Sunday, November 30, 2008


Life is blessed, for sure, when one finds love, his soul mate, his joy, his laughter, his partner, his commiserator, his dinner date, his morningstar, his shared mind. Two minds as one. It is very nice.

Beautiful green-blue-gray eyes offset by sooty black lashes, full womanly figure, soft rose petal lips. It is very nice. Soft hands, delicate little fingers, pretty, dainty feet. It is very nice.

Whenever I hear this song (and God damn! it was impossible to find the actual Van Morrison recording!) I think of her. Schmaltzy wedding song? Maybe. But, to me, it resonates, and I listen to it over and over again when I am feeling blue.


Point number two: when I was driving home from my morning meeting, I saw no less than five cops doing their civic duty: meeting those quotas. Caveat driverus: driver beware.

Saturday, November 22, 2008


Though this picture casts the boys in a warm golden light, perhaps intimating at their cherubic souls, they are assuredly not always angels. Oliver likes to void both his bowels and his bladder on the basement floor, sometimes, and Lou is a lick-aholic and he also barks too loudly and too often, sometimes.

Oliver is a canine Eddie Haskell: all sweet and wonderful to the adults, but when they're not looking, he gets into more than his fair share of mischief, including but not limited to: the aforementioned penchant to use the bowels of the house as a toilet, the humping of Meegie's daughter's leg (the humping of my sister's arm), overeating, chewing up baseball hats, toothing the fluffy door draft-stopper (not quite chewing it, tearing it to pieces, but close enough), the penchant for always fucking up the window dressings with his fat little head (the better to see and bay at the passers-by), and more things that I can't really remember. I love the little guy, though. He's got Personality Plus! I love the little fella though, in this shot, he scarily reminds me of Vice President Dick Cheney. Yikes.

Lou is golden. He is, by far, my favorite. Though he, too, has been pissing me off, of late. (Not too much, though; my love for them renders me a softie, a push-over, when they be bad.) He's gotten into the habit of rearing up on his hind legs and slapping his front paws on the kitchen counter, the better to sniff and rip at all the food that may be up there, don'tcha know.

I got back from work today, and Meegie said to me, "They left a surprise for you in the living room."

Removing my work boots, I slanted my head towards her and asked, "Is it poop or piss or is it Destruction?"

"Destruction," she answered. "Time to cage 'em, Adam."

I sighed. She was right. I had tried to be benevolent to my boys, leaving them out in the house, lately, but, she was right. Back to the basement for them, where they can enjoy a nice ten-by-eight cage...and food...and toys. In my mind, images of torn-up couch cushions and blasted pillows danced.

I walked into the living room. It wasn't that bad. (Adam the Enabler.) They'd just gotten into the garbage and torn/strewn the Gravy Train bag and a couple of paper plates on the carpet. Easy to clean up and no lasting damage. But. But! It is still unacceptable. When I leave them by their lonesomes, I expect/desire/long for them to be Doggie Statues: no poop, no piss, no garbage-raiding, no hat-chewing, no rug-rearranging, no baddy doggy behavior.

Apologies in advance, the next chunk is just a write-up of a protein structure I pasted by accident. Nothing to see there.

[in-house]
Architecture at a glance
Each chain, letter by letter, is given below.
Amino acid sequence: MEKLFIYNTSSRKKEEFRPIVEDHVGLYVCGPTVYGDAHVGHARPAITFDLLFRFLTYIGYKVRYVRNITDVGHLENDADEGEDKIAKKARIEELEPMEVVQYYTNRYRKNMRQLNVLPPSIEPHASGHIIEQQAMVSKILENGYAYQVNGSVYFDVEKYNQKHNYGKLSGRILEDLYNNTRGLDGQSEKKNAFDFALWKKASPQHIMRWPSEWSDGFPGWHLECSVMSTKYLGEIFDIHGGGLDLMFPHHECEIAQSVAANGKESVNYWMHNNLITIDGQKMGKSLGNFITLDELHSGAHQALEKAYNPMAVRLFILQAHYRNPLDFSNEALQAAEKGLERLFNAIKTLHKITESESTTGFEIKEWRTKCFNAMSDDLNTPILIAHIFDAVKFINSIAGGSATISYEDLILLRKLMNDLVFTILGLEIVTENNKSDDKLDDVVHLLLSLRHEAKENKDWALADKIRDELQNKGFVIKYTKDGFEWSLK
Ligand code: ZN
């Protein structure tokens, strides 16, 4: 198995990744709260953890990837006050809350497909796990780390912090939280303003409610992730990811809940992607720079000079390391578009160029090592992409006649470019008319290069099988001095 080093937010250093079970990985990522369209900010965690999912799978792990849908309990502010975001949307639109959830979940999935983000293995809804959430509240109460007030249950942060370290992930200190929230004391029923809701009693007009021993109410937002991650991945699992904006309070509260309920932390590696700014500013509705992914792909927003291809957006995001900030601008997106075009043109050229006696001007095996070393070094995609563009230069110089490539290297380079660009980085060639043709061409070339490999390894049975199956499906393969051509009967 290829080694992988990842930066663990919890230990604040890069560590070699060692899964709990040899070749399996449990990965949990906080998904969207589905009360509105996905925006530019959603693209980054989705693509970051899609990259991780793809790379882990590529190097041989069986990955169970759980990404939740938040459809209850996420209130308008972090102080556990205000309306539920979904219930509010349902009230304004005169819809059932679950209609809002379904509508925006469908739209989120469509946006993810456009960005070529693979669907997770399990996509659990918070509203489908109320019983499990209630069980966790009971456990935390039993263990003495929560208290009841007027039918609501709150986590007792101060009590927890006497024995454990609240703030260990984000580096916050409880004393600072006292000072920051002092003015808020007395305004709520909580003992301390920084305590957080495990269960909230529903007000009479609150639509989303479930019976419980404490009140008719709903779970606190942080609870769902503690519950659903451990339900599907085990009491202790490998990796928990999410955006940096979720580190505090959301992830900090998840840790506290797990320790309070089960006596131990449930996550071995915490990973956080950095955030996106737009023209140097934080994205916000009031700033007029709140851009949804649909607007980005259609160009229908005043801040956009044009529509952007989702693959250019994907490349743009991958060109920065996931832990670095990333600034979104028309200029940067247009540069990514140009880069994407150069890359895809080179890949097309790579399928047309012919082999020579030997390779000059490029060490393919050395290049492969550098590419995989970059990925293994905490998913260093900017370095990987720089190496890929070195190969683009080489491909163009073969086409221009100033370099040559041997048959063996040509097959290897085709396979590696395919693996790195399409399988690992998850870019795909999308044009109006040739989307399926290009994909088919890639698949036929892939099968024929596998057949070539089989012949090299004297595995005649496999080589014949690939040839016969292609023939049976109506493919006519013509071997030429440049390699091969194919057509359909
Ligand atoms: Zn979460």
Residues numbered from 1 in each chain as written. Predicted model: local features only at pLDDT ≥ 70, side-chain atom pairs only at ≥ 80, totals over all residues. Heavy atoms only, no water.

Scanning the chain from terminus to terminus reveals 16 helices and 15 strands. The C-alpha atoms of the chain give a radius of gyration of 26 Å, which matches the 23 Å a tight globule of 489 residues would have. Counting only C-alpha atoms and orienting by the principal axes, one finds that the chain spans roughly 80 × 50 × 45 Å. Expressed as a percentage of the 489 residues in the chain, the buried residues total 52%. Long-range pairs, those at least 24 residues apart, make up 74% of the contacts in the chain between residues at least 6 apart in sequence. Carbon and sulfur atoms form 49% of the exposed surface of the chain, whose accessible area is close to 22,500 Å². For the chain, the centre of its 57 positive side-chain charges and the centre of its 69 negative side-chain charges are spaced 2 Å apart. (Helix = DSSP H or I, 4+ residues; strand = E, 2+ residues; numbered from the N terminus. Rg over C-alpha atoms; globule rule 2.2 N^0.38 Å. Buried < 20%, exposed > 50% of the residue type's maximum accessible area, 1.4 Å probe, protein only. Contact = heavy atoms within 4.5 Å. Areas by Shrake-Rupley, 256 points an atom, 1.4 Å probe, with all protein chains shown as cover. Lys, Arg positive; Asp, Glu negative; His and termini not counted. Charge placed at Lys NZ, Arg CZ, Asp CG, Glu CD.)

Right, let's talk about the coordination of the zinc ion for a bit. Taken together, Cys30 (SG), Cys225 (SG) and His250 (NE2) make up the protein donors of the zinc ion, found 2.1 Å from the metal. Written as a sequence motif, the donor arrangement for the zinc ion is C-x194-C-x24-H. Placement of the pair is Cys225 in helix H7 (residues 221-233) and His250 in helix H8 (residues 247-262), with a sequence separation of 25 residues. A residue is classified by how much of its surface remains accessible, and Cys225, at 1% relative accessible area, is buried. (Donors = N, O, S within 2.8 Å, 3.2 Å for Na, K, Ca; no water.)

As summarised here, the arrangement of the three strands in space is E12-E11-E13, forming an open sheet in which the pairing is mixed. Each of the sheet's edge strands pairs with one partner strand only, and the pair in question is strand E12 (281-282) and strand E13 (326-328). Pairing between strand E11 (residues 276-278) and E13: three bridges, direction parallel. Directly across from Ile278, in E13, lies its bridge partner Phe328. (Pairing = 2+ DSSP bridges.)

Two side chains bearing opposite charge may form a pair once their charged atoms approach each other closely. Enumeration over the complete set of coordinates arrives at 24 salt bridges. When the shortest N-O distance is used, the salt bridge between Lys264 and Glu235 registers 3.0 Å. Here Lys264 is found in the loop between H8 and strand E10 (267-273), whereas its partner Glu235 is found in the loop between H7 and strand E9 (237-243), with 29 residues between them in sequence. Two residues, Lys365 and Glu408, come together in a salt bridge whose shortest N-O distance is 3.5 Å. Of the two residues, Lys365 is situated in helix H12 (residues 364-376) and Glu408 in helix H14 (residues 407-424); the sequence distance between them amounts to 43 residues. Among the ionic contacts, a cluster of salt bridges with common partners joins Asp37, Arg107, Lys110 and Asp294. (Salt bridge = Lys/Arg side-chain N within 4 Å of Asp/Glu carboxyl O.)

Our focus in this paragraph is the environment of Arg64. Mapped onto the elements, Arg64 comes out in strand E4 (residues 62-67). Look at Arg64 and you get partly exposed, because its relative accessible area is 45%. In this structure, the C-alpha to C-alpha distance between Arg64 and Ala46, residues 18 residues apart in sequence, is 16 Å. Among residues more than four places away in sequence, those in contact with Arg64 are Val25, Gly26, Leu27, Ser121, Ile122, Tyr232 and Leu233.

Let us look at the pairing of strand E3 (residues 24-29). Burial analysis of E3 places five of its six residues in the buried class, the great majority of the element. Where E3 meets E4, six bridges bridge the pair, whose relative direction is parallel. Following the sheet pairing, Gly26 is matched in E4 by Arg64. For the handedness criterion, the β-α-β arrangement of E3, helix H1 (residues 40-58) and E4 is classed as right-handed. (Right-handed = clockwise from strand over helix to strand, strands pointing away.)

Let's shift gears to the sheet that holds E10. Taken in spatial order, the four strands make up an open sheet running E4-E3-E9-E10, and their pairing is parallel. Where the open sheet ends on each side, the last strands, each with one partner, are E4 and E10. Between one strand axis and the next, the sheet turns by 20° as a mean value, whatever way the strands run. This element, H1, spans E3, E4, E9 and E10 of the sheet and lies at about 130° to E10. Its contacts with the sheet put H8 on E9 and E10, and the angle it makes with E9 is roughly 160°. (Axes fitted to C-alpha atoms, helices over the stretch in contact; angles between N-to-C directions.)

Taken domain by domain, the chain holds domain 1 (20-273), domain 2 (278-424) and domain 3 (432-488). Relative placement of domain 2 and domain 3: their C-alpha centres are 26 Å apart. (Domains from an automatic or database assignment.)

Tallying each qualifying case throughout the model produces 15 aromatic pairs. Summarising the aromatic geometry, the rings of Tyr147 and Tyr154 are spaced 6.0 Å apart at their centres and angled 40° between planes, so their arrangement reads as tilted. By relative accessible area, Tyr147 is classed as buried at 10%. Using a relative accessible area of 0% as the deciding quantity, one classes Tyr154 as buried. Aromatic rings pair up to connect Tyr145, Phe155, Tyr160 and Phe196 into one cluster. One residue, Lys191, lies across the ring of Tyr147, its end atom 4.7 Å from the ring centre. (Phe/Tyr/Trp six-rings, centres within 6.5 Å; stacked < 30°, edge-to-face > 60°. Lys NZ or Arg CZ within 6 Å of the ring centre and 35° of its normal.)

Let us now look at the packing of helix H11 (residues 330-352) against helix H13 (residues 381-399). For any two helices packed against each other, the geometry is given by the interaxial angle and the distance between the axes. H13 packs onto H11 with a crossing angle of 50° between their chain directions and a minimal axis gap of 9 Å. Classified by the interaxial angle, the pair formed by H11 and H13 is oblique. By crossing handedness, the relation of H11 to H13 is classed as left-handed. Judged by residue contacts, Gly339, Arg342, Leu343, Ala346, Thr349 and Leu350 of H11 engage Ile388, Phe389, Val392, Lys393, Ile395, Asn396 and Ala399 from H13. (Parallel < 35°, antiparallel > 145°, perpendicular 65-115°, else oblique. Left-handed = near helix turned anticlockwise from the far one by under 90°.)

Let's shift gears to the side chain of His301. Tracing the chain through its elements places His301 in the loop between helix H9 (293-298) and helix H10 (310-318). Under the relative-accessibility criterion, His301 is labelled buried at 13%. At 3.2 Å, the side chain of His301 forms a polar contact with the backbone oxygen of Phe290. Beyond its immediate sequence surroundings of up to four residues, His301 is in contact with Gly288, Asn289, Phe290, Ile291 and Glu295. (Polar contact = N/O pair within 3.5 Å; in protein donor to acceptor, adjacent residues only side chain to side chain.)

Pipe-dream? Yes. Never to be acquired? Yes. Do I care? No. They have blessed my life in innumerable ways, Louie especially. You should learn to take the bad with the good. It's the only way to maintain sanity. Fuck it. I don't really care, for the most part. If they get all bowel-y on precious items (or the carpet) then I might get angry. As it stands right now, their house privliges have been revoked. They'll basement-sit. I still love them, though.

They're just living too high on the hog right now. They have to be brought back to earth. I can't even begin to imagine why this started to happen. I thought that, for the most part, I ruled Casa Adam with a fist made of iron. I guess I overrated my Alpha Male status.


Wednesday, November 19, 2008


The first couple of weeks after my Dad died, I ensconced myself in Cocoon Adam, going to work, turning down overtime, coming home and basically whiling away time by playing video games and petting the dogs. I was left a message on Memorial Day, but I chose not to call back and go in, jettisoning, as it were, the triple-time to some other lucky sap. Every day after that--literally--I had the opportunity to stay over at work and collect some much-needed (NEEDED) money. But, I stuck to my (lazy?) guns and passed on the (often) easy money.

Yesterday, the call came over the radio, as Adena and I were driving back to the yard, and Steve said, "Adena, we need a GLW and a TMO to go to downtown Royal Oak for a broken two-inch. The contractors were boring for a new line and when they pulled it back, apparently, it caught the main at the coupling and snapped it."

Adena had something planned with her son, but the option was still there for me to go out, with a different GLW, and work on the main break. "Come on," she said to me with her years-of-smoking gravel-rattle, "you've been bitching about not having money; here's your chance."

I still wasn't convinced, though, as I pulled the 44--think, "big truck"--into the parking lot, that I was going to go out and earn some extra money. Once I get into a pattern--it doesn't matter what--it seems to me that I have a very hard time getting out of said pattern. I don't easily "break the cycle."

Fuggit, I said to myself as I walked into headquarters, I need the money, Meagan or Mom can maybe let the boys out, and did I mention that I need the money? Sack up, my lazy A-Bomb, and get your ass out there. Pep-talk completed, I told Steve that, yes, I would be happy to go out, and I waited as he searched for a GLW to take the job.